The purpose of our program is to train highly competent, compassionate clinicians destined for success in an academic environment. In addition to their ability to providing excellent clinical care, our graduates will be well prepared to engage in meaningful research and advance the field of pediatric hematology and oncology. To achieve these goals we aim to provide:
- A strong clinical training program
- Exposure to basic, translational, and clinical research
- Opportunities to develop superior teaching skills
- Strong mentorship and proactive career development
The first year of fellowship focuses primarily on the development of clinical competency, along with a basic introduction to research and identification of a scholarly research project.
During this year, the fellow spends seven non-consecutive months on inpatient rotation – five months on the combined UIC/Rush inpatient hematology-oncology service and two months on the Stroger inpatient/outpatient combined service. The fellow also spends two months on hematology-oncology outpatient service, where the fellow will attend clinics at UIC and Rush. Regularly attended clinics include the UIC and Rush Hematology/Oncology clinics, UIC Comprehensive Sickle Cell Center, UIC Sickle Cell Acute Care Clinic, the Rush Comprehensive Hemophilia and Thrombophilia Center, and the UIC Long Term Cancer Survivor Clinic. The fellow will also have one month of educational experience in hematopathology, neuro-oncology and pediatric hematopoietic stem cell transplant. One month of pediatric hematopoietic stem cell transplant experience is at the University of Chicago.
The first year fellow experience also includes one month devoted strictly to research methods and scholarly project development. During this time the fellow will explore research interests and develop a research plan with the guidance of the Program Director. The fellow will also spend time meeting with potential research mentors. A Scholarship Oversight Committee (SOC) will be selected, and a primary research mentor will be identified. The fellow is not limited to pursuing research being conducted by Hematology-Oncology faculty, but will be encouraged to evaluate basic, translational, and clinical research programs being conducted in the larger UIC and Rush University communities. During the first year, the fellow is exposed to multiple aspects of clinical research including enrollment of patients on treatment protocols and procedural and ethical issues inherent in managing patients on institutional and multi-institutional protocols.
During the first year, experience will be gained with both acute and chronic problems in pediatric hematology-oncology patients through their weekly continuity clinic. All fellows will have their own patient cohort to follow longitudinally during their three years of fellowship. As the patient’s primary physician, the fellow is expected to become adept at leading family conferences, providing palliative care, and addressing the psychosocial aspects of serious disease. These clinical experiences have been designed to ensure that the fellow meets all of the ACGME clinical experience guidelines.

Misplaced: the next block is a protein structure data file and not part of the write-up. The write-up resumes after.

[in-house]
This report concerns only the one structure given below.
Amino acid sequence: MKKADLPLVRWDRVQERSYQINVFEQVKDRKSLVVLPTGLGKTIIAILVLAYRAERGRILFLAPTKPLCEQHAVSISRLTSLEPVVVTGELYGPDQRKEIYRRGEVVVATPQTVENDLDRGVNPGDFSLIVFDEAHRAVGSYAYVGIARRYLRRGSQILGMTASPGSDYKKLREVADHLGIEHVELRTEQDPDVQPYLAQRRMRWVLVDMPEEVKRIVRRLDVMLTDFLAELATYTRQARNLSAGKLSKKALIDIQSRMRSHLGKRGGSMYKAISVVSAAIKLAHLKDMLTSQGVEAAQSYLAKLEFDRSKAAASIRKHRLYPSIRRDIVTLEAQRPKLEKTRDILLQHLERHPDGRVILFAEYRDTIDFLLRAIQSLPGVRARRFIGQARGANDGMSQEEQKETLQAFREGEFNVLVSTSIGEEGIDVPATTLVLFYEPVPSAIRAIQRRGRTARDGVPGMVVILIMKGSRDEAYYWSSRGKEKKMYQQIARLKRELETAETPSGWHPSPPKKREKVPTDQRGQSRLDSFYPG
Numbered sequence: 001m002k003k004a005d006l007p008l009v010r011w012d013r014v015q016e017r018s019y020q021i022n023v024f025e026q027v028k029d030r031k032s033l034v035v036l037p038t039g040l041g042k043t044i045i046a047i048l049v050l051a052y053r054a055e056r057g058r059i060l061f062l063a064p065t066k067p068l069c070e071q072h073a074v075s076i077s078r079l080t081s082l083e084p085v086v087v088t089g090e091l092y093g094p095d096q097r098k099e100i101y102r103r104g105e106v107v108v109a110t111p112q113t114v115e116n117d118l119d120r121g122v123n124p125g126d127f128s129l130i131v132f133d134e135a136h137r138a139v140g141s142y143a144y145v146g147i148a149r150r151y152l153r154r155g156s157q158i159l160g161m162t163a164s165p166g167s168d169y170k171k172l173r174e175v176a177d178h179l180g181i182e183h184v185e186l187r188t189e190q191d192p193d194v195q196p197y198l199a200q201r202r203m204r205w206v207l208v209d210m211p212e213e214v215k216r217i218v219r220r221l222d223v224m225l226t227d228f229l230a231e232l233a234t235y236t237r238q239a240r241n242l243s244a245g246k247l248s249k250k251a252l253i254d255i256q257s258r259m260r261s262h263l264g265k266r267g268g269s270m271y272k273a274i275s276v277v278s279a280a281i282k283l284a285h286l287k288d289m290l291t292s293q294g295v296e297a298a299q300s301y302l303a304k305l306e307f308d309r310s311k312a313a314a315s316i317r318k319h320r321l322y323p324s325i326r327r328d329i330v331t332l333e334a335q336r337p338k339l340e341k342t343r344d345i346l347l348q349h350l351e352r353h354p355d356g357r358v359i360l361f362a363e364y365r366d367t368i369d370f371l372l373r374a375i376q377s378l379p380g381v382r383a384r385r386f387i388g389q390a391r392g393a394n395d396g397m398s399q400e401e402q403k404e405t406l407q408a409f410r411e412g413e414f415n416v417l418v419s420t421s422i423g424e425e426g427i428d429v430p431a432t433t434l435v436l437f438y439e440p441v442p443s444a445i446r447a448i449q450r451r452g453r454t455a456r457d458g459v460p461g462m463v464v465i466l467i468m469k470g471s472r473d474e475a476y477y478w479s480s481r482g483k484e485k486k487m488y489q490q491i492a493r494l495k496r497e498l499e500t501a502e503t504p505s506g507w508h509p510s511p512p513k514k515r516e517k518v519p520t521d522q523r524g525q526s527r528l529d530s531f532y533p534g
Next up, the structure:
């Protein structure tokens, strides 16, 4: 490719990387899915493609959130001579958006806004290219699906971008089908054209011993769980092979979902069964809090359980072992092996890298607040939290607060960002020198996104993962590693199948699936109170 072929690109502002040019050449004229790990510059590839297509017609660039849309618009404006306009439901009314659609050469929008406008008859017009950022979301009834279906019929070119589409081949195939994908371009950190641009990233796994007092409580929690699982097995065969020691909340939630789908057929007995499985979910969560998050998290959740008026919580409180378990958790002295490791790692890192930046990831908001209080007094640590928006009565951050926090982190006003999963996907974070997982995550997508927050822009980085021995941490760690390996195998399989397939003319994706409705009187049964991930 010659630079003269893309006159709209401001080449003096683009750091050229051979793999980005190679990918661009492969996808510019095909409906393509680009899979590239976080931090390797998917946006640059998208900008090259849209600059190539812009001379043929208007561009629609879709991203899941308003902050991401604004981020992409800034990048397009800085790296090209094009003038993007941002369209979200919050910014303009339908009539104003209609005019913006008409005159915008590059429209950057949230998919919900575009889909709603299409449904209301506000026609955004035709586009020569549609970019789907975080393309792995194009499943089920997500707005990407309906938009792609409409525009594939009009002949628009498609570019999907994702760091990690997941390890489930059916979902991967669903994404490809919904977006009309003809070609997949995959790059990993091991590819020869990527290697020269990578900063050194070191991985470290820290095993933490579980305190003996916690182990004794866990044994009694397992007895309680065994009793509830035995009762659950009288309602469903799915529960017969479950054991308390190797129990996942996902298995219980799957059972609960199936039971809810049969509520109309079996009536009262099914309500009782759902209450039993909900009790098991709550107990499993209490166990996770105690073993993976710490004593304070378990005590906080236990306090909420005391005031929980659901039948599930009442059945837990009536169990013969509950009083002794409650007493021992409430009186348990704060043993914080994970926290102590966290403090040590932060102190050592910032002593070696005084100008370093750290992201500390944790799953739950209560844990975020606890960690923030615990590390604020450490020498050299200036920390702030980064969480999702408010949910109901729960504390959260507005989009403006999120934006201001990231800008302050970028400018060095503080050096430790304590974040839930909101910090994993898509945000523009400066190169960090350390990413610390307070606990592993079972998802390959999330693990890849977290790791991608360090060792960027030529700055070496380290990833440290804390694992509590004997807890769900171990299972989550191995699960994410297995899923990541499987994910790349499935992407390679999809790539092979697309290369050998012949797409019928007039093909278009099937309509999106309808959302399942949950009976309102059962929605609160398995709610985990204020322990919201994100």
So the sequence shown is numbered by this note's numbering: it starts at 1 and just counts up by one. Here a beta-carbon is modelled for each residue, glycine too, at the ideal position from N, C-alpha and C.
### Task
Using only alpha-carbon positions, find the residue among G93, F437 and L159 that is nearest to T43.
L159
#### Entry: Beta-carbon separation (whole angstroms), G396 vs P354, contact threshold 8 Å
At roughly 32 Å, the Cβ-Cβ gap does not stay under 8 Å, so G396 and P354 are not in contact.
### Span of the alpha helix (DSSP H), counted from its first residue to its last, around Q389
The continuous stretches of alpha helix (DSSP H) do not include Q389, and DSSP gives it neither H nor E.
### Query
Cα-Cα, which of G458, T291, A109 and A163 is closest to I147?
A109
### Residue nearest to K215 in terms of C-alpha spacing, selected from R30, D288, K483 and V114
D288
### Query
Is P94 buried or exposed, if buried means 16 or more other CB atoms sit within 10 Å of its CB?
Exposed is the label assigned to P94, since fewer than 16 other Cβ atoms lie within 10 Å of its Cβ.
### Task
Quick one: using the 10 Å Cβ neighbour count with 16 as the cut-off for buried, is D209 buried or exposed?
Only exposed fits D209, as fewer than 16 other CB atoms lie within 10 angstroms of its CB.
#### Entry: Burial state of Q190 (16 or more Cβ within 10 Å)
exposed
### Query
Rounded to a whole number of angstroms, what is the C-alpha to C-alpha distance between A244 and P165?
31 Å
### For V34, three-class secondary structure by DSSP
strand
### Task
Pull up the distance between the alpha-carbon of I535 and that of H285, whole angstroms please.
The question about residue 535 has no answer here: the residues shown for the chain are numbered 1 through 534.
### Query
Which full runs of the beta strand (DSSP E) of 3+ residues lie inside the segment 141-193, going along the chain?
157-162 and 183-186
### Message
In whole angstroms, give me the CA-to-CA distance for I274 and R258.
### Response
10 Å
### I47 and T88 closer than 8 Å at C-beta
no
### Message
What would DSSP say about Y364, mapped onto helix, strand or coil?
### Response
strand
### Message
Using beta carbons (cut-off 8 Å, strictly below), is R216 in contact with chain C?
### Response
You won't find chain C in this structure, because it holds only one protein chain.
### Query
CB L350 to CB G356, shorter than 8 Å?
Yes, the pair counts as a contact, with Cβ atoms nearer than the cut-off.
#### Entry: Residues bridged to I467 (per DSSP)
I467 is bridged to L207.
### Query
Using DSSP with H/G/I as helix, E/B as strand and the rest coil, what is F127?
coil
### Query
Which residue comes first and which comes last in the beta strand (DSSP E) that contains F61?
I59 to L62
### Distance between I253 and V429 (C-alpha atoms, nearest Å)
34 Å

The first year fellow will have home on call responsibilities two weeknights per week, and one weekend per month.
During the second year, the fellow’s experience is shifted to a primary focus on research, while maintaining critical clinical skills.
The first six months of the fellow’s second year is devoted solely to research, giving the fellow protected time to conduct their research. Regular meetings with the fellow’s primary mentor and the Program Director are expected to assess the fellow’s progress.
In addition to regular meetings with fellow’s primary mentor, the fellow is required to meet with their Scholarship Oversight Committee (SOC) a minimum of twice a year to have an independent evaluation of the fellow’s research progress.
Based on the fellow’s progress during the first half of the year, the fellow may choose up to four weeks of clinical time in either (1) an elective or (2) inpatient service. The timing of the clinical work will be decided between the fellow and the Program Director.
The second year fellow will continue to attend their weekly continuity clinic, and will continue to have home on call responsibilities one weeknight per week, and one weekend per month.
During the third year, the fellow’s experience is focused on completion of research, preparation for the ABP Certifying Examination in Pediatric Hematology/Oncology, and successful transition to their first clinical attending position.
The first six months of the fellow’s third year is devoted to completion of research activities in preparation for their results to be presented at a national meeting. Regular meetings with the fellow’s primary mentor and the Program Director are on-going.
The fellow is required to meet with their Scholarship Oversight Committee (SOC) a minimum of twice a year to have an independent evaluation of the fellow’s research progress. The SOC will require a scholarly product in the form of well-developed manuscript draft as a requirement for graduation from the fellowship.
Based on the fellow’s progress, the fellow may choose to augment their clinical skills with time in either (1) an elective and/or (2) inpatient service. The fellow will serve on the inpatient service as the “Acting Attending” in order to prepare the fellow for their first position as a clinical attending. The timing of the clinical work will be decided between the fellow and the Program Director.
The third year fellow will continue to attend their weekly continuity clinic, and will continue to have home on call responsibilities one weeknight per week, and one weekend per month.